Quotes About Crossword

Quotes tagged as "crossword" (showing 1-2 of 2)
Douglas Adams
“Laden with all these new possessions, I go and sit at a table. And don't ask me what the table was like because this was some time ago and I can't remember. It was probably round." [...]
"So let me give you the layout. Me sitting at the table, on my left, the newspaper, on my right, the cup of coffee, in the middle of the table, the packet of biscuits."
"I see it perfectly."
"What you don't see," said Arthur, "because I haven't mentioned him yet, is the guy sitting at the table already. He is sitting there opposite me."
"What's he like?"
"Perfectly ordinary. Briefcase. Business suit. He didn't look," said Arthur, "as if he was about to do anything weird."
"Ah. I know the type. What did he do?"
"He did this. He leaned across the table, picked up the packet of biscuits, tore it open, took one out, and . . ."
"Ate it."
"He ate it."
Fenchurch looked at him in astonishment. "What on earth did you do?"
"Well, in the circumstances I did what any red-blooded Englishman would do. I was compelled," said Arthur, "to ignore it."
"What? Why?"
"Well, it's not the sort of thing you're trained for, is it? I searched my soul, and discovered that there was nothing anywhere in my upbringing, experience, or even primal instincts to tell me how to react to someone who has quite simply, calmly, sitting right there in front of me, stolen one of my biscuits."
"Well, you could. . ." Fenchurch thought about it.
"I must say I'm not sure what I would have done either. So what happened?"
"I stared furiously at the crossword," said Arthur, "couldn't do a single clue, took a sip of coffee, it was too hot to drink, so there was nothing for it. I braced myself. I took a biscuit, trying very hard not to notice," he added, "that the packet was already mysteriously open. . ."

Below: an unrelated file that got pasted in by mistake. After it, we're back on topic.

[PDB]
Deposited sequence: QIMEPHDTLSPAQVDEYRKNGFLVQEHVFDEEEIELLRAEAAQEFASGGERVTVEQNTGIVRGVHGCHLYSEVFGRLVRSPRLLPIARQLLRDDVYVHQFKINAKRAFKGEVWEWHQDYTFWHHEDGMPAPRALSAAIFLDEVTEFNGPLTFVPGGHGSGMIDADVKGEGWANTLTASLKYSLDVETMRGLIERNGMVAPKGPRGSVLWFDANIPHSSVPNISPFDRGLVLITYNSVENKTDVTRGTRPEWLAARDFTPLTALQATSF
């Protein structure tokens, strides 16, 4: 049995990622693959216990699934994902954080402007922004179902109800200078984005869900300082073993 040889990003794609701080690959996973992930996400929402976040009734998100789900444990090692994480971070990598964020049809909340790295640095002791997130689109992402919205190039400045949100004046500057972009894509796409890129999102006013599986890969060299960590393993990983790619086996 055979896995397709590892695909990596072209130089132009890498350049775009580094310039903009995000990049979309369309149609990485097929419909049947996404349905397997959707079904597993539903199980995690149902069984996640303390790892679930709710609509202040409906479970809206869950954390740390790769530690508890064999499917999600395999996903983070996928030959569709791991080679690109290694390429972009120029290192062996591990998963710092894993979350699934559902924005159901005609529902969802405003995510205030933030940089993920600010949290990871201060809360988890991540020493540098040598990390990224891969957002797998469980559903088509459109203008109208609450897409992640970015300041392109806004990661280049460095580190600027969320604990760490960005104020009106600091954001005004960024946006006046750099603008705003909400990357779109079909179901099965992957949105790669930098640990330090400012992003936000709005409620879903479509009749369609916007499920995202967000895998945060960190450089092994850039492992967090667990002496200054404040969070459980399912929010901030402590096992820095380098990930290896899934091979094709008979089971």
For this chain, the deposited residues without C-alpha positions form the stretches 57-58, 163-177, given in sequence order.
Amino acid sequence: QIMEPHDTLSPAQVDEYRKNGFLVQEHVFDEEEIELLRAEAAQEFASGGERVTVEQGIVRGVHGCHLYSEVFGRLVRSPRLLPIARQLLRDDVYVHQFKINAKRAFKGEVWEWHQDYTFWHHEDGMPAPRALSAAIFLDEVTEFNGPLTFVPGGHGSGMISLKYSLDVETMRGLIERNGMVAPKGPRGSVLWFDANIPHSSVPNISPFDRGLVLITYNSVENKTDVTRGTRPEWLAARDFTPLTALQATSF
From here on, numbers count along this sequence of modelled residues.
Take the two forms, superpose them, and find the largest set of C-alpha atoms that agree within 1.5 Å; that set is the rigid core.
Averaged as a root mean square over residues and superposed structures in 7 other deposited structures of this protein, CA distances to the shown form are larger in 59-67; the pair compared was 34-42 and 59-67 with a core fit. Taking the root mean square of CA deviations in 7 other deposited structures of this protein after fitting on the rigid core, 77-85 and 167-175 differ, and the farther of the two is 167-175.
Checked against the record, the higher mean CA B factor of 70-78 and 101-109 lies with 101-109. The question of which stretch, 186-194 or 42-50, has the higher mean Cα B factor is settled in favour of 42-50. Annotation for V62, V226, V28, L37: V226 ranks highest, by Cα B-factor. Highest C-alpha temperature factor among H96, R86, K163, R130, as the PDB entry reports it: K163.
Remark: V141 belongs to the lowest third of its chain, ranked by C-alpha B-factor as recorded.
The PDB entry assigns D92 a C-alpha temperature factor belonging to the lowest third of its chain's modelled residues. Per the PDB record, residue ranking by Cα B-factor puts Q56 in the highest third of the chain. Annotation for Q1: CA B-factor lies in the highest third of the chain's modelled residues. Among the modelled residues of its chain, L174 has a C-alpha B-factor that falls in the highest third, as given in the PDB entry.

"But you're fighting back, taking a tough line."
"After my fashion, yes. I ate the biscuit. I ate it very deliberately and visibly, so that he would have no doubt as to what it was I was doing. When I eat a biscuit," said Arthur, "it stays eaten."
"So what did he do?"
"Took another one. Honestly," insisted Arthur, "this is exactly what happened. He took another biscuit, he ate it. Clear as daylight. Certain as we are sitting on the ground."
Fenchurch stirred uncomfortably.
"And the problem was," said Arthur, "that having not said anything the first time, it was somehow even more difficult to broach the subject the second time around. What do you say? 'Excuse me... I couldn't help noticing, er . . .'
Doesn't work. No, I ignored it with, if anything, even more vigor than previously."
"My man..."
"Stared at the crossword again, still couldn't budge a bit of it, so showing some of the spirit that Henry V did on St. Crispin's Day . ."
"I went into the breach again. I took," said Arthur, "another biscuit. And for an instant our eyes met."
"Like this?"